Swedish cohort 1 consisted of 1013 subjects (727 female) and 1215 blood donor controls (768 female). Patients were recruited from Danderyds Hospital and from Karolinska University Hospital in Huddinge and Solna, in the Stockholm County. Controls were blood donors who visited any of three blood donation facilities in the Stockholm area in 2001 and 2004/2005. Blood was consecutively sampled and resampling was avoided by collecting within 3 months (during which time blood donors were advised not to donate a second time) in 2001 or by explicitly asking whether the sample had been obtained previously (in 2004 and 2005). Controls were not screened for MS. Information about the study, along with questions regarding previous participation and ethnic origin of parents, was presented to donors both orally and in written form.16

Swedish cohort 2
 

These cases and controls are part of an ongoing population-based case–control study called EIMS (Epidemiological Investigations in Multiple Sclerosis), which has been described previously.17 In total, 664 patients (472 females, one unknown sex) and 544 controls (406 females) were available for genotyping. Patients and controls are recruited from all over Sweden. Controls are matched for age, sex and residential location.

Swedish cohort 3
 

Patients (n=481, 347 female) were recruited from Karolinska University Hospital (Solna) and from clinics all over Sweden.

In total, 2158 cases (1546 females) and 1759 controls (1174 females) were included and available for genotyping. All cases fulfilled the MacDonald criteria. Possible overlaps between cohorts were excluded using the national personal identification number for cases. All participants were of Scandinavian ancestry. Oral or written informed consent was obtained from all participants. The Ethical Committees at Karolinska University Hospital, Huddinge, and Karolinska University Hospital, Solna, approved the study.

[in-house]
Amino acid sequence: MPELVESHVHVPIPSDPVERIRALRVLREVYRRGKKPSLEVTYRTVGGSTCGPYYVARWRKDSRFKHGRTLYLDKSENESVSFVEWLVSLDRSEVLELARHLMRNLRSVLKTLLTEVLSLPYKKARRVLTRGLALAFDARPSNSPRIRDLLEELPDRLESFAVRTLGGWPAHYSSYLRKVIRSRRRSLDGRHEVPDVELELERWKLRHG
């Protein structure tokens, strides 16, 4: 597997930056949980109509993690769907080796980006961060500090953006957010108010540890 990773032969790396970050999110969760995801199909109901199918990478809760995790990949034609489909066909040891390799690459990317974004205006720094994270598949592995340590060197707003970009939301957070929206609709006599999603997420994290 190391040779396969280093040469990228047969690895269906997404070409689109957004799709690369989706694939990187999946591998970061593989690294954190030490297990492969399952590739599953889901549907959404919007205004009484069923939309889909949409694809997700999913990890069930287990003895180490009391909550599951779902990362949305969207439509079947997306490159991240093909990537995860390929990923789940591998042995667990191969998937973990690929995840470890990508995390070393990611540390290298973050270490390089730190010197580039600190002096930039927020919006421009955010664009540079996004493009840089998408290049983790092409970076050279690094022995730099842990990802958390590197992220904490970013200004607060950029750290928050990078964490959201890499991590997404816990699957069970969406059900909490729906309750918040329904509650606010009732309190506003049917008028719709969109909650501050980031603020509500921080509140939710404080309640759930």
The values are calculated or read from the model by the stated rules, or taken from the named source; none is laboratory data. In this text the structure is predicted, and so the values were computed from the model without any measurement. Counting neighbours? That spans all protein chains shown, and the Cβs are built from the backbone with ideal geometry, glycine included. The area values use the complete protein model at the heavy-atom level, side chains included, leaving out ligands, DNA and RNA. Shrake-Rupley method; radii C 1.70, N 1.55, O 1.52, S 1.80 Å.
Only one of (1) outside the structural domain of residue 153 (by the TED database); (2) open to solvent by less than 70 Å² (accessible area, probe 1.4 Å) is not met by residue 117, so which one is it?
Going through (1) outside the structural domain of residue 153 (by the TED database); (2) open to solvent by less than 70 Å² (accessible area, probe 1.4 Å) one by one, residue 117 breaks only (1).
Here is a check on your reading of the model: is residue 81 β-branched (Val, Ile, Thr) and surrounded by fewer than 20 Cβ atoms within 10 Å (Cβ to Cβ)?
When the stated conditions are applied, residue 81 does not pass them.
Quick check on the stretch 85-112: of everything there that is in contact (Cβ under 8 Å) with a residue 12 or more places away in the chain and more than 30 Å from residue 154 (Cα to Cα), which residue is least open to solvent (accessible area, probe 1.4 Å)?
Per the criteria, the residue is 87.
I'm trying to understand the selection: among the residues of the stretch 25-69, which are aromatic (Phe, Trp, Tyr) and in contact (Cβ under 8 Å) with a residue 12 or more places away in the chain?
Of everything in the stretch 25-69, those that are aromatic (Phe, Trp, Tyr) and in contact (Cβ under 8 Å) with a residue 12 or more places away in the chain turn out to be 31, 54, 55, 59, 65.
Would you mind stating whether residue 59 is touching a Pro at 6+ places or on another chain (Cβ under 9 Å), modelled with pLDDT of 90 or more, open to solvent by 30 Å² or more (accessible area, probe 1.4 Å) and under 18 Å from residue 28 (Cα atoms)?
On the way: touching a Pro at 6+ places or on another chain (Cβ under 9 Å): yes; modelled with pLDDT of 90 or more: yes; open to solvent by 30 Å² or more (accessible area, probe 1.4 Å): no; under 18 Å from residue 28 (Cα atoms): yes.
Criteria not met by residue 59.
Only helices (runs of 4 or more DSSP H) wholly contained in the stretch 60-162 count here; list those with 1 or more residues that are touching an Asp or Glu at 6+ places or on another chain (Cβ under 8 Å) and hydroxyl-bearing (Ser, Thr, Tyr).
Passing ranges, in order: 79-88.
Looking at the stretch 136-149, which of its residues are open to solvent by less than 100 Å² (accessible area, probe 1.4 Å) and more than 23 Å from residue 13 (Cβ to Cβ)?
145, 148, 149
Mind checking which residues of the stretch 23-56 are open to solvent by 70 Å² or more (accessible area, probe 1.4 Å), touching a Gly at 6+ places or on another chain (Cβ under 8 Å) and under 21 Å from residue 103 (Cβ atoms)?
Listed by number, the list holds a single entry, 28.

DNA extraction

DNA was extracted from whole blood using standard procedures. DNA concentrations were measured using Picogreen TM fluorescence or with an ND-1000 Spectrophotometer (NanoDrop Technologies Inc., Wilmington, DE, USA).

SNP selection

SNP markers were selected for genotyping by running the tagging algorithm18 implemented in Haploview 3.32 based on data from the HapMap project using r2=0.9 and LOD 3.0. (http://www.hapmap.org/, release 21/phaseII, NCBI B35 assembly, dbSNP b125). Two additional SNPs were included either because of reported association with type 1 diabetes (rs10877012) or because of a proposed involvement in MS susceptibility (rs4646536).8, 10 A complete list of included SNPs is shown in Table 1.


Genotyping

Two methods were used for allelic discrimination in the Swedish cohorts (see Table 1). Rs10877012 and rs4646536 were genotyped using Taqman SNP assays from Applied Biosystems (Foster City, CA, USA), as described previously.19 Six SNPs, including rs4646536, were genotyped in all cohorts using matrix-assisted laser desorption/ionization time-of-flight (MALDI-TOF) mass spectrometry (Sequenom Inc., San Diego, CA, USA), as described previously.16 Primer sequences are available on request. One of the tagSNPs (rs11172327), which only tagged itself, was excluded from the analysis because of low success rate <75%; however, this marker was also monomorphic in our samples.

Imputation and statistical analysis

Association of genotypes in the Swedish samples was tested using the model command in PLINK v1.06 (http://pngu.mgh.harvard.edu/
~purcell/plink/index.shtml